Following his 2007 publication of A Long Way Gone, Beah appeared on The Daily Show, telling Jon Stewart that he had found the transition back to civilian life difficult. It was harder to return to society than to become a child soldier, he claimed—because dehumanizing children is a relatively easy task. 

Beah credits Nurse Esther, a UNICEF volunteer, with having the patience and compassion required to bring him through the difficult period. She recognized his interest in American rap music and reggae, gave him a Walkman and a Run DMC cassette, and used music as his bridge to his past, his childhood prior to the violence. Slowly, he accepted Esther's assurances that "it's not your fault."

If I choose to feel guilty for what I have done, I will want to be dead myself. I live knowing that I have been given a second life, and I just try to have fun, and be happy and live it the best I can.

Books and recognition
A Long Way Gone was nominated for a Quill Award in the Best Debut Author category for 2007. Time magazine's Lev Grossman named it one of the Top 10 Nonfiction Books of 2007, ranking it at #3, and praising it as "painfully sharp", and its ability to take "readers behind the dead eyes of the child-soldier in a way no other writer has."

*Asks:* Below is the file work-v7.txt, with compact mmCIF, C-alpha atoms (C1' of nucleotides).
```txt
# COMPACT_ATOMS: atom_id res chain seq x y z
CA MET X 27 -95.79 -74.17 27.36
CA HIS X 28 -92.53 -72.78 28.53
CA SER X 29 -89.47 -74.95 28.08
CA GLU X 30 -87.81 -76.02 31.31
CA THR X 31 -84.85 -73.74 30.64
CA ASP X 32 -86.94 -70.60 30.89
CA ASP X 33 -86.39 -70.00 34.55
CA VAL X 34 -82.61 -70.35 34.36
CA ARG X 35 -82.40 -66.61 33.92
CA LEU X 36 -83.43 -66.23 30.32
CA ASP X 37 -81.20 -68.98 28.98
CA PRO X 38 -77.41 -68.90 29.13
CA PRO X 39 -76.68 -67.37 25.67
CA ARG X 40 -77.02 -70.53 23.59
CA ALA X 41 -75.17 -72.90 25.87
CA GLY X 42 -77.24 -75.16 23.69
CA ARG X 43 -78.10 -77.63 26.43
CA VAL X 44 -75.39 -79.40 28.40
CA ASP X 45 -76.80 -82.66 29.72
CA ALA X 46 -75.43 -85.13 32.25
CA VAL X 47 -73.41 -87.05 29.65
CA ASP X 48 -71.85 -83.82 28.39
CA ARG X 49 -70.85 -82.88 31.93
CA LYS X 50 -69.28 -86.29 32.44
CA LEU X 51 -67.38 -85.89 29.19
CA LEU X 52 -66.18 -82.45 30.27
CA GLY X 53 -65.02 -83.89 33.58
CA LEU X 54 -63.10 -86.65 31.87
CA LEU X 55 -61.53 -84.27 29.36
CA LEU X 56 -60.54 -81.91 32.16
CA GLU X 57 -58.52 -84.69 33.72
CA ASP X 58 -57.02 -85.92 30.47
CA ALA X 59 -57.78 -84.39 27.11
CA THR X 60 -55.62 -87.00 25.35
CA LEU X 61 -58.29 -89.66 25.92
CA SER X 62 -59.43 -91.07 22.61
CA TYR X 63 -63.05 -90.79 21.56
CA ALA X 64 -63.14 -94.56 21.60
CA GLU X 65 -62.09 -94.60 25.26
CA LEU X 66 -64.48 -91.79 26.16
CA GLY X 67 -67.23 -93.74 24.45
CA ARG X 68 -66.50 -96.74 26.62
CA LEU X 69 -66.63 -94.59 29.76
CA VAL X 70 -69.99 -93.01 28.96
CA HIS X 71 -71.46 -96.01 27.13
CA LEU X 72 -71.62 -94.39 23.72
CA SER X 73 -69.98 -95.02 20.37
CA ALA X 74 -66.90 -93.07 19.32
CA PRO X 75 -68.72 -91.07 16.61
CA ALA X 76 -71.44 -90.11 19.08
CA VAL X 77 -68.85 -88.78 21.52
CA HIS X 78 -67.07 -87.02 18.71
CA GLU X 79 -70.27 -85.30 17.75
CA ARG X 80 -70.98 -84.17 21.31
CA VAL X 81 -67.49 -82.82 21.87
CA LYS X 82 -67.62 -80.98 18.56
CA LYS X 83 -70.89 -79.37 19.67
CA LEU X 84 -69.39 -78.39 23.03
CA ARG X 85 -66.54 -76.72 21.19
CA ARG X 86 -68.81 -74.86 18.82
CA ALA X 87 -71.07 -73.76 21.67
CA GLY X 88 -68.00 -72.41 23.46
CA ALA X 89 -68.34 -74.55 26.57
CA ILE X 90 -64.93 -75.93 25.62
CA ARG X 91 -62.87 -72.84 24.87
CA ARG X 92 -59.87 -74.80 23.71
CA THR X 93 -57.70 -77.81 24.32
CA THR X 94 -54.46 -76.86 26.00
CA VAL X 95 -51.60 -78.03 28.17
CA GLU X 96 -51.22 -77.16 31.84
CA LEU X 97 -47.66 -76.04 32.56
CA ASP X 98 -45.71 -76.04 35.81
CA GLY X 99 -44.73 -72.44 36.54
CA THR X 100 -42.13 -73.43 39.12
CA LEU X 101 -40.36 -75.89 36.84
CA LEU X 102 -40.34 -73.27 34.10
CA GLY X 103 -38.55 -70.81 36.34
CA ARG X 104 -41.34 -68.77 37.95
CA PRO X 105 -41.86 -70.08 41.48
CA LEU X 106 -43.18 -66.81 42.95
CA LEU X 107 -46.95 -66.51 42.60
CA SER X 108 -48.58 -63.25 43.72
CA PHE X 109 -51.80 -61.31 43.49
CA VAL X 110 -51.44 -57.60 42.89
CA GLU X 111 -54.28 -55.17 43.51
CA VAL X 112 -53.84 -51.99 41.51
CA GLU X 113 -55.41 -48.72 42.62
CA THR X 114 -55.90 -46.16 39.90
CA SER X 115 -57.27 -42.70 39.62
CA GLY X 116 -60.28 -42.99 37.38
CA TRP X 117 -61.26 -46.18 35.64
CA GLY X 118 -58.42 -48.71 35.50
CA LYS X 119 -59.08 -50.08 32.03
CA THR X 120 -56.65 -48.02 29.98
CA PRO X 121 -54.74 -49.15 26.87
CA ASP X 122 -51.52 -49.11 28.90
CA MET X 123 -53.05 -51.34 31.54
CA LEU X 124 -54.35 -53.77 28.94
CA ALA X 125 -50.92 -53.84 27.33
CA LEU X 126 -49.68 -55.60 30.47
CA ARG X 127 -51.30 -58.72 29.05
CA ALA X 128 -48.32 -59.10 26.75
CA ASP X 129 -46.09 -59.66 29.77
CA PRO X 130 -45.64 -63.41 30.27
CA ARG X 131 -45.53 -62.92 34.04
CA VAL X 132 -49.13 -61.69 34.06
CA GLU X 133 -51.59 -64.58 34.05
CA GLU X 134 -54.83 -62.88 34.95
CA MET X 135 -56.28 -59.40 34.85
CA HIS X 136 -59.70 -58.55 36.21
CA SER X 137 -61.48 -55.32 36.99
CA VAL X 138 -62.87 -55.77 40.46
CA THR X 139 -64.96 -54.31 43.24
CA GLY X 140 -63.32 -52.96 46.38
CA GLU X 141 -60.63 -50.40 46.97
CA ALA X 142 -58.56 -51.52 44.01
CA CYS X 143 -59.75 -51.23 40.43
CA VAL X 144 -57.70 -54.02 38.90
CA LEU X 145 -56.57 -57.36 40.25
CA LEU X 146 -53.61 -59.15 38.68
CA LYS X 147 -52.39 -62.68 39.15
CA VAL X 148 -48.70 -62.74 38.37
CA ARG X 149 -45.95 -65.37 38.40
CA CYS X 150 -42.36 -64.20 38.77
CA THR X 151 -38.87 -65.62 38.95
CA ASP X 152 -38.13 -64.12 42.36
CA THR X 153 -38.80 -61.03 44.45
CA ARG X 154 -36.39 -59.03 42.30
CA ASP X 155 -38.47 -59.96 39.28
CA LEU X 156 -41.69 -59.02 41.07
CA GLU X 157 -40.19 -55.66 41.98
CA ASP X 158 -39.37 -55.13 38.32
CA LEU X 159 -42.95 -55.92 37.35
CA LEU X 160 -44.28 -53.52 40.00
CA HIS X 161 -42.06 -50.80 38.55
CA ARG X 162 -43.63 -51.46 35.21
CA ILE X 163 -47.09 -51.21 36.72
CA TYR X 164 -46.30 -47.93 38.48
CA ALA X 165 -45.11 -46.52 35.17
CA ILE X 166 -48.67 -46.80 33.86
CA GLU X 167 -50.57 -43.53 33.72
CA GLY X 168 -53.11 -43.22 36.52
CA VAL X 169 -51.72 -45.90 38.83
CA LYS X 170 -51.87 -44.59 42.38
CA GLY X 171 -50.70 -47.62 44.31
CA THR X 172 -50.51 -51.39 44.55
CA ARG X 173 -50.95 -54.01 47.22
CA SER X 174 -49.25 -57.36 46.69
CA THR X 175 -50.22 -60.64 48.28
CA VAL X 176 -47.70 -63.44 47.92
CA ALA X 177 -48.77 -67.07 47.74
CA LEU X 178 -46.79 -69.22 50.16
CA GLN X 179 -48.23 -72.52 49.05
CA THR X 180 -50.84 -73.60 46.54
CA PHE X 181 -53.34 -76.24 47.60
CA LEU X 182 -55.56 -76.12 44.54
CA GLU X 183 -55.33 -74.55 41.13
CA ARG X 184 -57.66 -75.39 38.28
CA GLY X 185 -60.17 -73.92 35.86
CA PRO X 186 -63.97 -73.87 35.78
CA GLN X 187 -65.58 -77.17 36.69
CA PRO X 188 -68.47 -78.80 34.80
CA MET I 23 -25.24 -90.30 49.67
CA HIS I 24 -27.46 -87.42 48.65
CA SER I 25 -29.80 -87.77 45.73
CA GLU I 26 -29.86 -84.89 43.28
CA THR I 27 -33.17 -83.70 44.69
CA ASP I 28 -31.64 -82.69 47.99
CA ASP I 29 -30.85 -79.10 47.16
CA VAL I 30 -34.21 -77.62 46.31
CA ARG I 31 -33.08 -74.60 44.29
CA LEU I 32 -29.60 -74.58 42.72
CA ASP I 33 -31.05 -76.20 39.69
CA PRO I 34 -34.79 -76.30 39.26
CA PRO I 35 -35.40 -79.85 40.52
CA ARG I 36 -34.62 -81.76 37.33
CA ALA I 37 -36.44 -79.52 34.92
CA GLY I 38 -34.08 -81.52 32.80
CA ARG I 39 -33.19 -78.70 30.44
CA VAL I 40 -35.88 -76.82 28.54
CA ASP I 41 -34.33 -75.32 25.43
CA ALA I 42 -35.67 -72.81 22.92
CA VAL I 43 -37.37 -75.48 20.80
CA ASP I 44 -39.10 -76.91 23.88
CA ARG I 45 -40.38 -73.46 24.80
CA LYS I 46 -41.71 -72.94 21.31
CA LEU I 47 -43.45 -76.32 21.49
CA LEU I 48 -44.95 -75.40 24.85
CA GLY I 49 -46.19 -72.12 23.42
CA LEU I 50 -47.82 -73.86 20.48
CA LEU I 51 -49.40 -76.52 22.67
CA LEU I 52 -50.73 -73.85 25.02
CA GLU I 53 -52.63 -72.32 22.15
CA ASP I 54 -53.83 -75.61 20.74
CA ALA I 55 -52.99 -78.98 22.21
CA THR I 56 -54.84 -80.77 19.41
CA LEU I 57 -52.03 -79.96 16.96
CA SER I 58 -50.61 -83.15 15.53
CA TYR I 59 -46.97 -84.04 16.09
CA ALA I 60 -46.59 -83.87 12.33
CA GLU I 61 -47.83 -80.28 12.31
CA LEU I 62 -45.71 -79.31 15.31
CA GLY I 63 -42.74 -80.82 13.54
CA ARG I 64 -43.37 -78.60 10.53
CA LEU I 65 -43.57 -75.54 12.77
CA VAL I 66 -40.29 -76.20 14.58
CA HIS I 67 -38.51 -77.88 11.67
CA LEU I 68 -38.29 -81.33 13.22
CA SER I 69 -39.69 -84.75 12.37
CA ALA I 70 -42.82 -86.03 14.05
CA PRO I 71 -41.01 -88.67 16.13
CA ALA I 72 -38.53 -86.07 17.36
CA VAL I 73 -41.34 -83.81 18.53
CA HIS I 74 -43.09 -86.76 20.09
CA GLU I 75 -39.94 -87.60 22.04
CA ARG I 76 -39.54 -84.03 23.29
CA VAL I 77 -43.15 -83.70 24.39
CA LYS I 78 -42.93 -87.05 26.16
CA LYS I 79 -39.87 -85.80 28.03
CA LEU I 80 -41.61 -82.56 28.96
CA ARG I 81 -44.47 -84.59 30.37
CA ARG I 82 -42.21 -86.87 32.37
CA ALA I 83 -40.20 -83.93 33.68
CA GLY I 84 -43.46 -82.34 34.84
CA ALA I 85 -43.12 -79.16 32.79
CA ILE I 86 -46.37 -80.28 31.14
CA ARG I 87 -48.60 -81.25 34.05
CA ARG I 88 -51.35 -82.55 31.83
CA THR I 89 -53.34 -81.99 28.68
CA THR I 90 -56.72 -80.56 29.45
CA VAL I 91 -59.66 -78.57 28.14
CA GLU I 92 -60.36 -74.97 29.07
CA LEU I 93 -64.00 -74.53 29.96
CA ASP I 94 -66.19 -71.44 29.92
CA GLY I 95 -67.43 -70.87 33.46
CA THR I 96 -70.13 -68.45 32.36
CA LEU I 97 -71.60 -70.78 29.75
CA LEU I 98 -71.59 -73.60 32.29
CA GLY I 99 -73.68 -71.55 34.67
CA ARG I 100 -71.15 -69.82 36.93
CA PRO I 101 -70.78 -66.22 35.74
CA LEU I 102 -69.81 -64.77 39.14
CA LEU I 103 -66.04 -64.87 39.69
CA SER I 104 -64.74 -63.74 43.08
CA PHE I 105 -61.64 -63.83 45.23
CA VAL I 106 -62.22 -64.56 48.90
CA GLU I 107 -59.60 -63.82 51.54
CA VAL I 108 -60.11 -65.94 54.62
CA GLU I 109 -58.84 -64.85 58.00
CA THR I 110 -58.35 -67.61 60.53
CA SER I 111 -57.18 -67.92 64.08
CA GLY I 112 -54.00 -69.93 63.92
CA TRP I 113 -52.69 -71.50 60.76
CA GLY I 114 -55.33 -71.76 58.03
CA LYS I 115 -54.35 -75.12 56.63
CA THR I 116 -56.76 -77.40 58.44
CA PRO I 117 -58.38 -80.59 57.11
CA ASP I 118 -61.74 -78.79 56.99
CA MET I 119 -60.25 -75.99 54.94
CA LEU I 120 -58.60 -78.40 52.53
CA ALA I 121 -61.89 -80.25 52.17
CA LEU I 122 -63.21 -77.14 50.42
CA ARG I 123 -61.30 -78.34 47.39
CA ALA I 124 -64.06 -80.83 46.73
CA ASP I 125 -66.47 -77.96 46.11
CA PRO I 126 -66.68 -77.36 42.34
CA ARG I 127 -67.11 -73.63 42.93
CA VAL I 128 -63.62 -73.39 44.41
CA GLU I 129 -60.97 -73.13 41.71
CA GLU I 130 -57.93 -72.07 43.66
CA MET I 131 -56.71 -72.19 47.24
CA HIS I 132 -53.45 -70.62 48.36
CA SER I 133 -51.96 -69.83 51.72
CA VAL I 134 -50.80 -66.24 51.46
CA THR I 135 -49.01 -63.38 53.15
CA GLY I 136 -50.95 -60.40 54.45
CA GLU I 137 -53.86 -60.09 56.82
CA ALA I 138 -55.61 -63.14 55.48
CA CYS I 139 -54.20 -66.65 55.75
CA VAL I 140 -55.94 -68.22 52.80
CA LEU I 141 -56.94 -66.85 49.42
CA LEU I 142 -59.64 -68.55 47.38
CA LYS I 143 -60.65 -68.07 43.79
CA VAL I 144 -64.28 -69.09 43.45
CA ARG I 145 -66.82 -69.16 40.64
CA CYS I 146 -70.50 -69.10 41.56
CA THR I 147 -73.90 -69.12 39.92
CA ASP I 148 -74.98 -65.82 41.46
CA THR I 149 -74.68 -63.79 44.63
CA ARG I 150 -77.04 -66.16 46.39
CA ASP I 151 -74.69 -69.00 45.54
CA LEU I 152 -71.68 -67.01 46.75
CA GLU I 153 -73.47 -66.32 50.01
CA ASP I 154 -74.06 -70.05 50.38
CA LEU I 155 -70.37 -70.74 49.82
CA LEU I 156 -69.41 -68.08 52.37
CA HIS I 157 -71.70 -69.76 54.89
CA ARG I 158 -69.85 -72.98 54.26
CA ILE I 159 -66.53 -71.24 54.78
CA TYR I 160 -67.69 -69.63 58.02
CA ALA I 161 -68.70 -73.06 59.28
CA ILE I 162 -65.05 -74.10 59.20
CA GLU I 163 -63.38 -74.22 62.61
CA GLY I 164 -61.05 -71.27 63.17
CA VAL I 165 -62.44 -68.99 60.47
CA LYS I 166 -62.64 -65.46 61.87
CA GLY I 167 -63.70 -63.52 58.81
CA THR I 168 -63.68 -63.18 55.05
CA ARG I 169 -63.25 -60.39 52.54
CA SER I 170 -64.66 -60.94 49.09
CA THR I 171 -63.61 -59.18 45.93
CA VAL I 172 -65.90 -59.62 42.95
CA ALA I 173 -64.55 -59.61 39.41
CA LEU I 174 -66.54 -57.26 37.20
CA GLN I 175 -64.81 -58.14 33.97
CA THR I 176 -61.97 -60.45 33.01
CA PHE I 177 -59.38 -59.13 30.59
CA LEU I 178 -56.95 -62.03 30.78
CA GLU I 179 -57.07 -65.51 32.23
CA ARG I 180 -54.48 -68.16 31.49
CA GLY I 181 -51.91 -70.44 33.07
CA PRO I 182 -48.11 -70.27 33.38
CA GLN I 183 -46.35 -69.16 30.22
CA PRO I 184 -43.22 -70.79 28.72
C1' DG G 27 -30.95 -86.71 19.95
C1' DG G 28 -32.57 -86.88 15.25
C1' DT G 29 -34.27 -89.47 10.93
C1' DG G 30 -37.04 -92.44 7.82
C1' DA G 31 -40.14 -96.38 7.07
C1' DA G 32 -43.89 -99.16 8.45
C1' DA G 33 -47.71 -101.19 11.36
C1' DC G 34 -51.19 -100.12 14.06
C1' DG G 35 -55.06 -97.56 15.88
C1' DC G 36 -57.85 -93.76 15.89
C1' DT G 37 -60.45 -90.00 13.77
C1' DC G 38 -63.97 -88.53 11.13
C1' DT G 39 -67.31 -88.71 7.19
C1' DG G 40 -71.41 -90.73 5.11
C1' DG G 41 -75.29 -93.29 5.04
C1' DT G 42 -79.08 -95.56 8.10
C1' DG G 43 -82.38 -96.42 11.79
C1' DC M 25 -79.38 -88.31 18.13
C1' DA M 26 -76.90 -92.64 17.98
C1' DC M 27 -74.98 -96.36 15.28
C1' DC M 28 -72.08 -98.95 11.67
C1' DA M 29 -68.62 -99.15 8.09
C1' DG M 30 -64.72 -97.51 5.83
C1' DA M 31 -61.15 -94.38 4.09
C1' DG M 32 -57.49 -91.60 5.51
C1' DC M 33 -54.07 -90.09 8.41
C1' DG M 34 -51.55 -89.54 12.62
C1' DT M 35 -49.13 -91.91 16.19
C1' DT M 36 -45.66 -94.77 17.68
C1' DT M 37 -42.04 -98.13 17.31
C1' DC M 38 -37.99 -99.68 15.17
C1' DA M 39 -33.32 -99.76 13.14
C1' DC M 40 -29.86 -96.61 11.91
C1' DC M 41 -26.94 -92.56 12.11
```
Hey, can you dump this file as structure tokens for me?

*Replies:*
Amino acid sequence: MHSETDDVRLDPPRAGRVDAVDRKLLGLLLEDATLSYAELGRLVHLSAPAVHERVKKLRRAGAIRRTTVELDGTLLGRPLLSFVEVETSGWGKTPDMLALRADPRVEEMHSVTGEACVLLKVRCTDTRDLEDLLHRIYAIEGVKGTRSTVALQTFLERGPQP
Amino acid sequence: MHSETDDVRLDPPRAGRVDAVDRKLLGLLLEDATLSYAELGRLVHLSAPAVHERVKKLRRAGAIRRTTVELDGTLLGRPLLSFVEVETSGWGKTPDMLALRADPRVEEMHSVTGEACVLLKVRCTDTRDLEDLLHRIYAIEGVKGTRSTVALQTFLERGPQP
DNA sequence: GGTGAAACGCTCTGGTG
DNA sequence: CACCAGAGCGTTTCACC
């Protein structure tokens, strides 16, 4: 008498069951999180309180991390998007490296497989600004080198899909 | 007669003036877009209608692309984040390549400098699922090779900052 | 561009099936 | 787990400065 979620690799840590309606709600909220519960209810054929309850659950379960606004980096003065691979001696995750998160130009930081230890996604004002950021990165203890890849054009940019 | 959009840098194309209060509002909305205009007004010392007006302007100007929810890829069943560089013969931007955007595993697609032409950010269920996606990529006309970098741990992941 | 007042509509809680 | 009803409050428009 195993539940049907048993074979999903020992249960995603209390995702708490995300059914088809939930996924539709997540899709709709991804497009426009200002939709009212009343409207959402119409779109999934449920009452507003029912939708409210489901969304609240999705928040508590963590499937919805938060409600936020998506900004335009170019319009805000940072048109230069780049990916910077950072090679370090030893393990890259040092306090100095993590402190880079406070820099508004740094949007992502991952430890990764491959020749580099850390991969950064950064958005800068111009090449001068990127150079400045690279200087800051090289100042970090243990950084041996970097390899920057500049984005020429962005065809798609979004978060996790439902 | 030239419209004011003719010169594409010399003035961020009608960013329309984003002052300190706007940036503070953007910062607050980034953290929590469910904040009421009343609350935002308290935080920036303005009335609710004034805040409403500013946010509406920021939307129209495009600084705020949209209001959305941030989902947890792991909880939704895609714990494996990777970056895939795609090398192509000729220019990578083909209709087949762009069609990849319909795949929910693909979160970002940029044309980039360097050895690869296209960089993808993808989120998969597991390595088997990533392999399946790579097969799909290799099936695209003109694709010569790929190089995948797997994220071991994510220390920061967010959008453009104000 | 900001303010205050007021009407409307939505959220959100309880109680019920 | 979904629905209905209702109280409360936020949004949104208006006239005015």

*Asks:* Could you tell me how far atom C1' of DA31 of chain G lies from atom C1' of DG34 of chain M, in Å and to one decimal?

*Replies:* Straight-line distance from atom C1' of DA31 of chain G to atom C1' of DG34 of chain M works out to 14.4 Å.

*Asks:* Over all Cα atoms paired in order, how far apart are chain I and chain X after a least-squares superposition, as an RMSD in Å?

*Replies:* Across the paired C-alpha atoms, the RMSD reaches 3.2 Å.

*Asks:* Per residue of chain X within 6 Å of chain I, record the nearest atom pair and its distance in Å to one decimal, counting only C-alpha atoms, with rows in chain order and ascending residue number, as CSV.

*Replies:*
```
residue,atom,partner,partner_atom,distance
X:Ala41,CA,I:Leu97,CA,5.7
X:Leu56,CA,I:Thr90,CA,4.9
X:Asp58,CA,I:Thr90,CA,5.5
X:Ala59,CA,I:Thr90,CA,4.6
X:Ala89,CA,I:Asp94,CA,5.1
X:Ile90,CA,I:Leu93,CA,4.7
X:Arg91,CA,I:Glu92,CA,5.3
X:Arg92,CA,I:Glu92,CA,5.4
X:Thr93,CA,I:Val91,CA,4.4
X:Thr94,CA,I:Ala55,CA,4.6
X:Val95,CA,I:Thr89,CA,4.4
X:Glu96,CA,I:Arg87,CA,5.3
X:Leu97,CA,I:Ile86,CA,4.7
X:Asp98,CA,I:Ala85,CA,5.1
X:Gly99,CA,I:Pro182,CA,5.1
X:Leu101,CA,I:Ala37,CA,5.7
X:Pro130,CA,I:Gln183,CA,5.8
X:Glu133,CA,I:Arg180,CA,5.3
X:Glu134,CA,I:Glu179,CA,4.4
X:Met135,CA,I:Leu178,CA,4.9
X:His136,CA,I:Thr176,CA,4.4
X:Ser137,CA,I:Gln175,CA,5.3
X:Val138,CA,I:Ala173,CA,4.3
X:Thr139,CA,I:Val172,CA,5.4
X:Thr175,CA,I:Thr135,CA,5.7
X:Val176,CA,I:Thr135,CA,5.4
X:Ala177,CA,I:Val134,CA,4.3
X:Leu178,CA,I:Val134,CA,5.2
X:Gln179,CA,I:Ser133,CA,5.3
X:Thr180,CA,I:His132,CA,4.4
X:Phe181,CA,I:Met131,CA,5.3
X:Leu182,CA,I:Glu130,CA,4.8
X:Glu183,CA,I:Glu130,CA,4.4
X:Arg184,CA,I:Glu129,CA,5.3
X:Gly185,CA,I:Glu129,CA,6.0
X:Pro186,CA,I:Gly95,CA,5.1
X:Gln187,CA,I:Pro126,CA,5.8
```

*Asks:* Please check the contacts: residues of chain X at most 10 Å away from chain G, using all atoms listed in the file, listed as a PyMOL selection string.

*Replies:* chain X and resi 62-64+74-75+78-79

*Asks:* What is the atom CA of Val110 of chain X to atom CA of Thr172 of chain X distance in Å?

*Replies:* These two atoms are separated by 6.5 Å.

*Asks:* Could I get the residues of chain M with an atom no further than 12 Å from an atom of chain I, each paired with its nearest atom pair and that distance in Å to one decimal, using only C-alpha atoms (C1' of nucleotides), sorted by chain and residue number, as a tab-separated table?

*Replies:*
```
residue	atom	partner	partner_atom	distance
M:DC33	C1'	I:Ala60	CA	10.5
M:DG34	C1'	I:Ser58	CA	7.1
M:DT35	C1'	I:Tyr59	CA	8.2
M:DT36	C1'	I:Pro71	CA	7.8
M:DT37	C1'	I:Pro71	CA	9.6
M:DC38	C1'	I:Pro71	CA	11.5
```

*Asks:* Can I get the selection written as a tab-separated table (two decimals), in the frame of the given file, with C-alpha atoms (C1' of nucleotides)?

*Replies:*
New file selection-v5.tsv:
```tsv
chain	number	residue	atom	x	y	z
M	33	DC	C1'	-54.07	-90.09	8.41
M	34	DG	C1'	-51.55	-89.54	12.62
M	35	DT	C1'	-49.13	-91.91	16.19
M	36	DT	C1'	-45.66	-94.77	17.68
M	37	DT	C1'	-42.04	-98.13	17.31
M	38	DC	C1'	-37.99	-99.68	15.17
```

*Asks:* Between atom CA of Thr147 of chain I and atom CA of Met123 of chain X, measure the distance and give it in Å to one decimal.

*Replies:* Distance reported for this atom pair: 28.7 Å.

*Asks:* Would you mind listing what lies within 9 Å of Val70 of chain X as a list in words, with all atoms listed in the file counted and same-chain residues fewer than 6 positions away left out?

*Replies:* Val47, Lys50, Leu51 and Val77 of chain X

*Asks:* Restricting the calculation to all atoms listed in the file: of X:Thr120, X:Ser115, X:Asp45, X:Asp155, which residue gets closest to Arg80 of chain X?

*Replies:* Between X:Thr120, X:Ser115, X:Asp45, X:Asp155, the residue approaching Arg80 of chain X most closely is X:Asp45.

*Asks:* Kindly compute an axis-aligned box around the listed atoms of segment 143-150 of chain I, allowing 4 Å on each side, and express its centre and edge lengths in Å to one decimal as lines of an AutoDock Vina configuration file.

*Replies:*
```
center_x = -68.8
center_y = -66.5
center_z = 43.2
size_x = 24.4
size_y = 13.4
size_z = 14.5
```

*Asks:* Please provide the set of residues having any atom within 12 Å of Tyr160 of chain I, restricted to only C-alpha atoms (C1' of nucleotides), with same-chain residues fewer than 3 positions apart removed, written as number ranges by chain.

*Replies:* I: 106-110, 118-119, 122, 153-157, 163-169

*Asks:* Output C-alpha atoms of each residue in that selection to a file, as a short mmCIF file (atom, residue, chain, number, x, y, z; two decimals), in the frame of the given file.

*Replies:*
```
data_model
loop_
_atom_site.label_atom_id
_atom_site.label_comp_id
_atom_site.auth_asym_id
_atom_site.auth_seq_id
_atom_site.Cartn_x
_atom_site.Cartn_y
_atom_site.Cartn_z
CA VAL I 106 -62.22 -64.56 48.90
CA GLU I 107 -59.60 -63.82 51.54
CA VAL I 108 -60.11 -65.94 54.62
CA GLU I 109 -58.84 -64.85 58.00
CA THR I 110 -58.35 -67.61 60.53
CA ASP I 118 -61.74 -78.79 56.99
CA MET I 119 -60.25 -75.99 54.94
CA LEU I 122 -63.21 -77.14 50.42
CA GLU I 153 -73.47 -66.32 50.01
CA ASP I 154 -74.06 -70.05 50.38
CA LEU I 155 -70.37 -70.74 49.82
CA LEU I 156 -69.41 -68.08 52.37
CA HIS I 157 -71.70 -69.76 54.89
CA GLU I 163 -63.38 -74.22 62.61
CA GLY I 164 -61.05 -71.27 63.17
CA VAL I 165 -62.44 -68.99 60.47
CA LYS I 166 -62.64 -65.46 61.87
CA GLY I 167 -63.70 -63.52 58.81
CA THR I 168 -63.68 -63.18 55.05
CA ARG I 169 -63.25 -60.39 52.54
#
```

In 2009, as a 29-year-old, Beah traveled home to Sierra Leone with an ABC News camera, a return that he describes as bittersweet. Later in February, 2013, he traveled to Calgary and spoke at the My World Conference.|

Beah published his first novel in 2014. Radiance of Tomorrow tells of the difficulty of rebuilding a war-torn community for both the victims of violence and its perpetrators. The novel has received wide praise for its compassion and elegant, nuanced style.

Controversy